Thursday, August 06, 2009

Becky on the Phone

Just for fun

Camping Trip

Becky, Ty, Josh and I went camping to Devils Lake, WI on Sunday through Tuesday. It was a fun camping trip with some time spent playing ladder ball, hiking around the lake, swimming, and just all out relaxing. I miss being able to camp every other weekend or so like I used to when I was in high school.
We had a great campfire going. I wanted to get a good photo, but was a little worried about getting the camera too close to the flames. I took the other photos on our hike around the lake. It was a beautiful day, but by the end of the hike I was done. I am not in as good a shape as I once was.

Saturday, August 01, 2009

Random images

It has been a few days since I've posted some photos. I missed one day, but I'll try to make that up sometime in the next few days.
I am married to the most amazing woman. She is packing for our camping trip tomorrow, Monday and Tuesday. Me, I'm taking photos of a trash can with a shiny lid.
Another proof that I'm married to the most amazing woman. We made homemade pizza on Friday night. It was wonderful, though try as I might, I just can't throw pizza dough.

Wednesday, July 29, 2009

An evening prayer study

Becky and I hosted our prayer study group tonight. It has been a lot of fun team teaching this group, though it has been a bit of an eye opener on how well we would do working in the same church. I'm not saying that it wouldn't work, but adjustments would have to be made. Our styles are more different than either of us anticipated.
As always one of the best parts of any church study is snacks. These cookies were delicious, but I plead the fifth on how many I ate.
I was also wondering how many bibles might be owned by two pastors fresh from seminary. I came up with the answer of eighteen and took a photo. We have more bibles then this however, as some are duplicated, and I pulled the duplicates out of the photo.

Monday, July 27, 2009


I was lazy today, and really didn't leave the house except to go to the grocery store. I'm sure I could have taken some fun photos there, but it's more fun to just pull some things together that I have around the house instead.
I love baseball, and most of these are balls that I caught during batting practice at Coors Field. I miss going to baseball games. It's not to say that I can't go to a Cubs or Sox game now, but Cubs tickets are really not that affordable, and the Sox....well they are the Sox. The first year the Rockies played at Coors however, my friends and I went fourteen times that summer. That was one of the best summers of my life. There is something somewhat life-giving when you venture out to the ball park.

Sunday, July 26, 2009

A weekend in Iowa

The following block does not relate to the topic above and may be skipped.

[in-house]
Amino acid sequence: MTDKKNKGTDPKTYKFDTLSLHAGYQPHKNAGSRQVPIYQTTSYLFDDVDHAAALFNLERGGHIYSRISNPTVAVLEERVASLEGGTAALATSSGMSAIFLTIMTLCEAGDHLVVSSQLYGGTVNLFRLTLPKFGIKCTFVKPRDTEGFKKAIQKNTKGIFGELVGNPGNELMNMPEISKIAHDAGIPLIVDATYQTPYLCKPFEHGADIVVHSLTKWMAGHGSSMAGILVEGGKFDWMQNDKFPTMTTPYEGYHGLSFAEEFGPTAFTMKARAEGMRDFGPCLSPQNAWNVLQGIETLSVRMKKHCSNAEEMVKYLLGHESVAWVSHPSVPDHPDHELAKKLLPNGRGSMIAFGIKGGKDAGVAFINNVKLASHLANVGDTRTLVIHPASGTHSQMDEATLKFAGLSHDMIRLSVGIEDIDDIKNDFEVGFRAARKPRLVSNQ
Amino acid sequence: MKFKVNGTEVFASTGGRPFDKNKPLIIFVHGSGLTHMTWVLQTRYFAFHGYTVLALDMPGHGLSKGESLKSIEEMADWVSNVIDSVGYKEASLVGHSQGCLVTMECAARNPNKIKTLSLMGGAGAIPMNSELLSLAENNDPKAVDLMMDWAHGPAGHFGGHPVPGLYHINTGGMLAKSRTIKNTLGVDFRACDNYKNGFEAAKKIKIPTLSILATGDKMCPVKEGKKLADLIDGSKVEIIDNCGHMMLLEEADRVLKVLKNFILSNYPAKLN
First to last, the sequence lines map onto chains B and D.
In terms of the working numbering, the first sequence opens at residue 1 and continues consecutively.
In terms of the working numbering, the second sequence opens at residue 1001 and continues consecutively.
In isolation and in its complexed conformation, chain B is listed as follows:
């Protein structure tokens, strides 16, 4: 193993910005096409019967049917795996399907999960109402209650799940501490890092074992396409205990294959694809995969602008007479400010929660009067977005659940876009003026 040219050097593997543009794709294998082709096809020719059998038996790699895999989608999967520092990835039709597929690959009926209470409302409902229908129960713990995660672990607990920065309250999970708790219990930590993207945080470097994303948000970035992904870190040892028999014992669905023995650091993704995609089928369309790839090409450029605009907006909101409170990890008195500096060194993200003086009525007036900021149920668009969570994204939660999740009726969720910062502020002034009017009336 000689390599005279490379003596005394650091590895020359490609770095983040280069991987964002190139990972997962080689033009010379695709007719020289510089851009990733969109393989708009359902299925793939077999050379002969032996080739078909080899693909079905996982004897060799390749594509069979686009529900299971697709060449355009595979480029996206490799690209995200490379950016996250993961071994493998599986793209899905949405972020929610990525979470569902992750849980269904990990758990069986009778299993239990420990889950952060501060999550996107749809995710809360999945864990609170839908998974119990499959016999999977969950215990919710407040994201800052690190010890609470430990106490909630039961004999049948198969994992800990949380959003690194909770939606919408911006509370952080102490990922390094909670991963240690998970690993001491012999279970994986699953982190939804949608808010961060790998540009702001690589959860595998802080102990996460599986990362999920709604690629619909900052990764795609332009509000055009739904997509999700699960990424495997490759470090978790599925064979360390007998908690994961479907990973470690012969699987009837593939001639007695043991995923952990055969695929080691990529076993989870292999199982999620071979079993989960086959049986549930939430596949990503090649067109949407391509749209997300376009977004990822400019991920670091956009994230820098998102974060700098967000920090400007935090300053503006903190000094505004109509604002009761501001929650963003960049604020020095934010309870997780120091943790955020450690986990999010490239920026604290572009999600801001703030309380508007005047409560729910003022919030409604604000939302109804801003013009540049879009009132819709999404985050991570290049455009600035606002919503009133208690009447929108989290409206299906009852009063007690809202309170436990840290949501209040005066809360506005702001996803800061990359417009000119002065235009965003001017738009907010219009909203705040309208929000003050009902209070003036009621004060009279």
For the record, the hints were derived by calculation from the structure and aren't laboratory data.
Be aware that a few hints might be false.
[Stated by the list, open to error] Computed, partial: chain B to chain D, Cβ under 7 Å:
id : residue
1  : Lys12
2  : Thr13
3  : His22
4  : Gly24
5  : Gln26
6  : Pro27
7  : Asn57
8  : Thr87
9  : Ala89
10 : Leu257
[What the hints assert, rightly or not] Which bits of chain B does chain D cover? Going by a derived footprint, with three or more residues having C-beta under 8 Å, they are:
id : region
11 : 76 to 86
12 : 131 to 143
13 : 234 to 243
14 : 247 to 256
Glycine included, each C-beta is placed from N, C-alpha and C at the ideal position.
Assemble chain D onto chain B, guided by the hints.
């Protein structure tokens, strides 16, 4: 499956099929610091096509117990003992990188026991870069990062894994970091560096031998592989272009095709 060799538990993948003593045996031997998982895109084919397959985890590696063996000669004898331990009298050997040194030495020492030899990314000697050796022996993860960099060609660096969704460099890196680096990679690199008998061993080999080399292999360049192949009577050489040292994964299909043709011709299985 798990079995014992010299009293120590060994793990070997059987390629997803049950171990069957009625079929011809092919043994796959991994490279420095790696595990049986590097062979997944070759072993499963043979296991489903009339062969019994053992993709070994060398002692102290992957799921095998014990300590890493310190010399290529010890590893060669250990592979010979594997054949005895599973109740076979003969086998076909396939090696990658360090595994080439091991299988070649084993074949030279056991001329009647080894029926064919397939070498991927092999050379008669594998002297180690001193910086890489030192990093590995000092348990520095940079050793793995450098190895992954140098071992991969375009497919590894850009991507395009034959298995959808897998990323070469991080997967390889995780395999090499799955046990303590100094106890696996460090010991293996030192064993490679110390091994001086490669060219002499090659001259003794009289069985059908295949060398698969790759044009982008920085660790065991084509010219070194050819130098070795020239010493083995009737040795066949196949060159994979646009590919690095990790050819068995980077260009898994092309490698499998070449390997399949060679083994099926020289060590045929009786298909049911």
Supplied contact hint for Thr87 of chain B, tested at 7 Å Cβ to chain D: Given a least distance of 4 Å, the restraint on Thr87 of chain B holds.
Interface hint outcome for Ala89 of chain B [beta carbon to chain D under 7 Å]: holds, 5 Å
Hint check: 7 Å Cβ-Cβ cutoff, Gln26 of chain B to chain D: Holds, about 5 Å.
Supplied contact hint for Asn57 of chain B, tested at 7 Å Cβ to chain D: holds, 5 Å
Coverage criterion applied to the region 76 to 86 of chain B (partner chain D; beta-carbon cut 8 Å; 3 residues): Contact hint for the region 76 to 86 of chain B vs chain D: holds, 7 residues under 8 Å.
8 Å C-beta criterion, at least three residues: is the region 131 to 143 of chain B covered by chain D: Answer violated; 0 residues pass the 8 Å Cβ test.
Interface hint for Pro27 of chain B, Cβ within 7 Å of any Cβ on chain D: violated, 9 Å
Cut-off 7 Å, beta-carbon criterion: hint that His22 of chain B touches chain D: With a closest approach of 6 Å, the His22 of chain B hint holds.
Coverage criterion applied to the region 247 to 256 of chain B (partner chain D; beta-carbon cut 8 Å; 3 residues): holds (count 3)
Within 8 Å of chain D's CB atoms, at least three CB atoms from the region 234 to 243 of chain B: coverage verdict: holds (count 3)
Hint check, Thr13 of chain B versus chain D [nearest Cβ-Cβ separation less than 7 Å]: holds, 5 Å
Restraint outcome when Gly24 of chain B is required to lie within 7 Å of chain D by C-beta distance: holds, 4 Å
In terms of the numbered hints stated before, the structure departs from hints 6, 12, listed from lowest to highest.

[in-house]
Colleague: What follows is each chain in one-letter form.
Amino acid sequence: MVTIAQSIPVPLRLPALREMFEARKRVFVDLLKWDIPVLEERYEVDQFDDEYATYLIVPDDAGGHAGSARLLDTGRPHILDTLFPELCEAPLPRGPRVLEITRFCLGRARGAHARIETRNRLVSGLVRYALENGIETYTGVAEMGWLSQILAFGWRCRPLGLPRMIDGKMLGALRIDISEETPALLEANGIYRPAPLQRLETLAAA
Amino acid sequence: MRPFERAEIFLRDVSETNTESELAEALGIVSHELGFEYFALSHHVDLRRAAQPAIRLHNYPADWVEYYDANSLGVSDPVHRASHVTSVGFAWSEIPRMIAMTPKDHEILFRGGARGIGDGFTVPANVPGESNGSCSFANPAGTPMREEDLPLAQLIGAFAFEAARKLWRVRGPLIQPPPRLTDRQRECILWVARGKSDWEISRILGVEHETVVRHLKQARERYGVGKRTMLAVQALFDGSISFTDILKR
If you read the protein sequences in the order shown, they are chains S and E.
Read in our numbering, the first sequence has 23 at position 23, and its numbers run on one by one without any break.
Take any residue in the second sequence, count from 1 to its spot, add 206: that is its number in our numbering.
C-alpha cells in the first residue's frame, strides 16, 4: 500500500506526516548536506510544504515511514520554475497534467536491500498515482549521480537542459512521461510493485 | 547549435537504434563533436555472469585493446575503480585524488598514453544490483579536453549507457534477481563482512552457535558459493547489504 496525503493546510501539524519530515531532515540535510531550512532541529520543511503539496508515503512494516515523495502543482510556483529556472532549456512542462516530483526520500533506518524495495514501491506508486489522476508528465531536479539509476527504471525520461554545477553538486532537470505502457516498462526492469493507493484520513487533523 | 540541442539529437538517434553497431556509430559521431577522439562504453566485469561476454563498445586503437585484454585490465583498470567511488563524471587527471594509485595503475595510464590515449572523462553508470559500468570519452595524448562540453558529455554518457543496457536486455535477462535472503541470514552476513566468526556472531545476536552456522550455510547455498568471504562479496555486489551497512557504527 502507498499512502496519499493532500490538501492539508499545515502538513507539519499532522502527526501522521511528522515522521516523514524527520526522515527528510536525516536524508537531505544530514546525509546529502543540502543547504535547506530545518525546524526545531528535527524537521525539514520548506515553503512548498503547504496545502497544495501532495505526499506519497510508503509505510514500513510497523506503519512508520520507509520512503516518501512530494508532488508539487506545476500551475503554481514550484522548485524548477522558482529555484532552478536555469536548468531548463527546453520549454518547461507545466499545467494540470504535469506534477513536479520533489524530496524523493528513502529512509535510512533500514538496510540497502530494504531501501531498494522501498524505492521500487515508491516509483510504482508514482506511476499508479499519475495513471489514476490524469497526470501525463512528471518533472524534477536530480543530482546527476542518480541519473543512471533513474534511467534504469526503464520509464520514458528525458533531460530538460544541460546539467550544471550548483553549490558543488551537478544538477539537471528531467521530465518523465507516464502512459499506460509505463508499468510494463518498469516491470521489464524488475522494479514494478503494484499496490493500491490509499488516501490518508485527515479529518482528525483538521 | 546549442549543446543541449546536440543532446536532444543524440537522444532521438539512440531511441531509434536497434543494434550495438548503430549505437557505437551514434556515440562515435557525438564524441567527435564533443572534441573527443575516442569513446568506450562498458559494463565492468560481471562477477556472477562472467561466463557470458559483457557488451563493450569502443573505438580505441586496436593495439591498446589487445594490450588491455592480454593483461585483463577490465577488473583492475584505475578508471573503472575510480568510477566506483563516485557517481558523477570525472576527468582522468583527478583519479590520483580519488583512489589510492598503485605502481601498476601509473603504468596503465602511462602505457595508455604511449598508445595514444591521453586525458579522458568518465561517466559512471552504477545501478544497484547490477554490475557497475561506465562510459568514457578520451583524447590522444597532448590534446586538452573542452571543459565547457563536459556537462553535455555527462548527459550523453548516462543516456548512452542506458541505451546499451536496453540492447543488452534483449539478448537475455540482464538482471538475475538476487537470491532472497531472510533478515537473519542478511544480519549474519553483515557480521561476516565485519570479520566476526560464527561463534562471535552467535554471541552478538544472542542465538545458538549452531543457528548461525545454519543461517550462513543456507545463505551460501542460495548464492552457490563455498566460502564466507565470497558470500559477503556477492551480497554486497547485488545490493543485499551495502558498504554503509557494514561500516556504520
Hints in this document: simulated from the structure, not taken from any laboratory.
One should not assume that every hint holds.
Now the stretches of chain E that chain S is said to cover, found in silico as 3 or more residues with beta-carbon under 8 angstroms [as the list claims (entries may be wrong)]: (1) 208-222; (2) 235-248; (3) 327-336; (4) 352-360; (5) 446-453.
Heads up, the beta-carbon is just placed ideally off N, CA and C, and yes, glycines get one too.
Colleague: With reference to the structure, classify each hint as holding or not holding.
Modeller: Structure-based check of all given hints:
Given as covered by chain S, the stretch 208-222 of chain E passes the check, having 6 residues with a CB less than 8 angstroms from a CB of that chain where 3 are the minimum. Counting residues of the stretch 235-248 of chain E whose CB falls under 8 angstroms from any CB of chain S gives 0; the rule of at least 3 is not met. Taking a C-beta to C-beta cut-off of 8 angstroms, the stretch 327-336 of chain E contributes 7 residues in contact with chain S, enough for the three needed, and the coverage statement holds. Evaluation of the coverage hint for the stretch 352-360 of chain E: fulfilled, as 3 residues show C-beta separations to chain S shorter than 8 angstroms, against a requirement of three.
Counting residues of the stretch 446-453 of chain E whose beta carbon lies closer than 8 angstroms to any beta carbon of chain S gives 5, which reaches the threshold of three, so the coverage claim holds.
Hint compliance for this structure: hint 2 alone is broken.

We went to two great worship services this weekend, and Becky didn't even have to preach. On Saturday we got to attend the ordination of our friend Elissa. It was a beautiful service at her home church, and I don't think I have ever seen her as excited as she was. We then drove that evening to Indianola, Iowa where we stood up as sponsers at the baptism of a good friends daughter. It was very special to be asked to be Godparents. We then went to a birthday party for both of our friends daughters. It was a fun weekend. Here is a photo from the birthday party, and another one from just walking around town.

Friday, July 24, 2009

An afternoon of prayer.

Becky and I went up to a Catholic retreat and prayer center this afternoon to check out thier Labyrinth. We want to take our prayer class on a field trip there later this summer. It was a beautiful day; nice and sunny. Here is a photo of part of a fountain near the Labyrinth.

Thursday, July 23, 2009

Natures Textures.

I have been trying to take and post a photo everyday. While I missed the 22nd, I had some fun today just exploring a variety of different textures. It was fun.

Seperation of Church and State?

Taking a walk the other day, I was struck by just how many people have American flags flying in front of their homes in Manhattan (IL). Small towns really do have a different feel then most of the cities that I have lived in during my life. There have always been plenty of flags around, no matter where I have lived, but on a walk here, I think I counted about eight to ten flags just standing still in the middle of an intersection.

Since Independance Day, I have been doing a lot of reading about the American Revolution, and the beginning days of our government. I have read biographies of George Washington, John Adams, and am now starting on Thomas Jefferson. My goal is to eventually get a hard look at American history through the eyes of each of our presidents. I want to know which ones I thought were good, and which ones were bad based on my own opinion instead of that gleaned from somebody else's list.